Let’s be honest: I’ve neglected this blog since the summer, and even in the spring, I got skimpy with my updates.
I’m not here to give excuses, though I have to admit I did type a few before I decided on the moral high ground and deleted them. Let’s play catch up instead.
Last May I helped chaperone a trip to Beijing (not to be confused with the trip Xiao Ming and I took later in June to Beijing with the six high schoolers, although Xiao Ming did join me for the Lego trip, too. She helped out quite a bit when we needed to find a hospital for a student who somehow wound up with an infected insect bite of some sort, but more on that at a later time) with 23 middle schoolers for a Lego Competition at the British International School, Xiao Ming and I took the three-day weekend of Dragon Boat Festival to visit Nanjing and Hangzhou (West Lake and the storied Lei Feng Pagoda were inspirational for another novel idea), I travelled to Shanghai with a couple friends for a Guy’s Weekend in the middle of June, went back to Beijing for another chaperoning trip (wrote about that already), spent all of July in France (a few days in Paris then a train ride south to Nice where we camped in a one-hobbit sized hole in the wall for more than three weeks while we hung out on the oddly comfortable stony beach and wandered around ancient villages tucked away in mountains–all while also working on our tans), started work in August and welcomed new teachers, another Guy’s Weekend to South Korea to catch a baseball game, took part in some professional development, one of which sent me, along with three others, down to Shenzhen, a southern city next to Hong Kong for the weekend, and then…
I suppose the next thing I should mention is that Xiao Ming and I got married.
As I write this, the two of us are in Sanya, the only sunny, beach paradise that China has to offer, spending the winter break and our honeymoon soaking up some sun and enjoying the sand and water. It has been a very relaxing trip, and I’m incredibly glad that the cloudy,windy weather of the first few days passed by, letting the sun out for a measure of freedom that has made for gorgeous afternoons and cool evenings.
Now that we are officially fuqi (a married couple), it would be dishonest not to disclose a personal agenda of mine. Part of my master plan to indoctrinate Xiao Ming into American culture includes movies, and so, each evening leading up to and including Christmas, we watched well-known American Christmas flicks. We watched Scrooged, It’s a Wonderful Life, A Christmas Carol, and the list would have continued, but, unlike me, she has a hard time sitting still for extended periods of idleness. Last Christmas we watched National Lampoon’s Christmas Vacation–my personal favorite, and next Christmas I intend on expanding the list to include all I’ve mentioned (because repetition ad nauseam is the key to any happy family tradition) and also A Christmas Story, The Nightmare Before Christmas, Home Alone, and even though it’s not a Christmas story, per se, and even though we’ve already watched it, my second favorite, Groundhog’s Day.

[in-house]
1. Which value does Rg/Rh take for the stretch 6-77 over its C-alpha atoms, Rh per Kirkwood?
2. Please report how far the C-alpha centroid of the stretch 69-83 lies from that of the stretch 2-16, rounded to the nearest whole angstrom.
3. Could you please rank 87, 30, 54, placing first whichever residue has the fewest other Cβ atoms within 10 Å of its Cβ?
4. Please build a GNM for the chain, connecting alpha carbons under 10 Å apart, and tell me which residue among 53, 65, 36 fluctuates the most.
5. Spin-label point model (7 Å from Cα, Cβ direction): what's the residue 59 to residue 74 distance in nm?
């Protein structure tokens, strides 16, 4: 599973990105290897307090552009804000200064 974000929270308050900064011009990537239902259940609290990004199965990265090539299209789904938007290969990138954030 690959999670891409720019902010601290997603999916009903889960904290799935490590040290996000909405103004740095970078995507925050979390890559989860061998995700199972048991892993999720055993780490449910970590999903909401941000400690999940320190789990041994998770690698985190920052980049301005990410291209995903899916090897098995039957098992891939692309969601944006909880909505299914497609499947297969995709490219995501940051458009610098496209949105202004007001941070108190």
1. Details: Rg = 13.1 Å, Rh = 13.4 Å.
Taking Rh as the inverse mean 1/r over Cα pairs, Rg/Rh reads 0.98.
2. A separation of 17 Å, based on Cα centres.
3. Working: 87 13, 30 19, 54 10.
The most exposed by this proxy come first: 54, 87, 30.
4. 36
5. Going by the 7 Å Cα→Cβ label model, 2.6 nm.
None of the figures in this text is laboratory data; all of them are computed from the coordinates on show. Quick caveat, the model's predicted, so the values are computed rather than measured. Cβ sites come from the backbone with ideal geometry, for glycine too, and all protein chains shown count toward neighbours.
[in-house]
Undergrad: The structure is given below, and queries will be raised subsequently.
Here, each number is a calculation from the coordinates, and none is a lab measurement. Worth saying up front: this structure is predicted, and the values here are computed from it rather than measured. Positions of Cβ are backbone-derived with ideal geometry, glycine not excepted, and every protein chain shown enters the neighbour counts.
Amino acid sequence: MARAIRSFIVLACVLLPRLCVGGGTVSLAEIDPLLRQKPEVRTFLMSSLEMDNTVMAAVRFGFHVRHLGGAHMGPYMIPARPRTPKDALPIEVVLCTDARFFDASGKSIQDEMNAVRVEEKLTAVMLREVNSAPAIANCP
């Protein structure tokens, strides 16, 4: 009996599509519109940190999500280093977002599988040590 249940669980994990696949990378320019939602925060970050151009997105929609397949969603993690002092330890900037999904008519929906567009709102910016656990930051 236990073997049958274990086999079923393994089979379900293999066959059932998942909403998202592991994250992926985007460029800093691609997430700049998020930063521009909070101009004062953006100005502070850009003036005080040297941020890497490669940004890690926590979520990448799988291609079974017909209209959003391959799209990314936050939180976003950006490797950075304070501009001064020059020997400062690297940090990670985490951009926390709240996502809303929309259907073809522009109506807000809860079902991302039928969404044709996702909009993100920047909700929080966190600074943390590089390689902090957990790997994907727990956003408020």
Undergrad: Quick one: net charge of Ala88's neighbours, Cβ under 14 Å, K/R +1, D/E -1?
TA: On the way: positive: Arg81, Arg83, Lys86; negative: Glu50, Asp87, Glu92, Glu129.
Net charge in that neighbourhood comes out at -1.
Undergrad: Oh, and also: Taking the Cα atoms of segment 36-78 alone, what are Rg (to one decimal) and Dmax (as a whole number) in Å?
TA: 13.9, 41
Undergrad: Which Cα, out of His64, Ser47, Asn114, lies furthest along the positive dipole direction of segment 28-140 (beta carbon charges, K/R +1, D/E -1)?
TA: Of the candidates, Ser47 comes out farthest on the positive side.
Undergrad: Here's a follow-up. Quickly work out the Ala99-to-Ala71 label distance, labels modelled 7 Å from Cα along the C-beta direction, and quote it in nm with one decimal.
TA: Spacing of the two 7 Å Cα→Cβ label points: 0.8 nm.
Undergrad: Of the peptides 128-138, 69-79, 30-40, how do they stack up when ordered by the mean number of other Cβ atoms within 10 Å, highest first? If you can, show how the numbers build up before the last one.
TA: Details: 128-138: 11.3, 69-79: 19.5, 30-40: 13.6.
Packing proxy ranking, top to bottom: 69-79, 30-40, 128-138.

This idea occurred to my while we were in France. At some point we somehow stumbled into a conversation about the great American patriot, Rocky Balboa, and it became obvious to me that Xiao Ming did not know of his remarkable tale. I remedied that by downloading all six films and watching them with her over a week-long period. A lover of American music, mostly the Grammy winners CD collections from the nineties and early 2000s, Xiao Ming surprised me by having very limited knowledge of film. Through my detailed investigation I uncovered that she is not familiar with Star Wars, Indiana Jones, and basically any Western that has Mr Badass Himself, The Man with No Name–Clint Freaking Eastwood.
This is actually all my fault. I should have guessed this alarming deficiency a long time ago when she and I watched all three Back to the Futures and she admitted having never seen them before. Yes, I dropped the ball, but I’ve since picked it up, dusted it off, and taken to carrying it around with me so much that people make their small children walk on the opposite side of the street as me.
My point is, as you can no doubt guess, I like swimming on vacations.
During New Year’s Eve, the two of us attempted to find a bar, but Sanya’s nightlife is a bit….local. I have no qualms with chillin’ in mostly Chinese bars, but these ones were not just bars, they were Disco Bars. Full of emotionless, talentless, techno schizophrenia and too many identically young nouveau riche, or as they call them in Mandarin, baofahu, toting around phones the size of my forearm, these places are just a jumble of noise and posturing egomania. So we ditched the effort, found a reasonably quiet patch of sand along the beach, and brought in 2015 holding each other, talking of our hopes for the year, and kissing.
And then they lit off an inordinate amount of fireworks because, you know, China.
We’re here for a few more days, and then we head back to Dalian and the Siberian winds that whip across the peninsula and force people into several layers of clothing, one of which usually being long, thick, fuzzy underwear. Can’t wait to get back.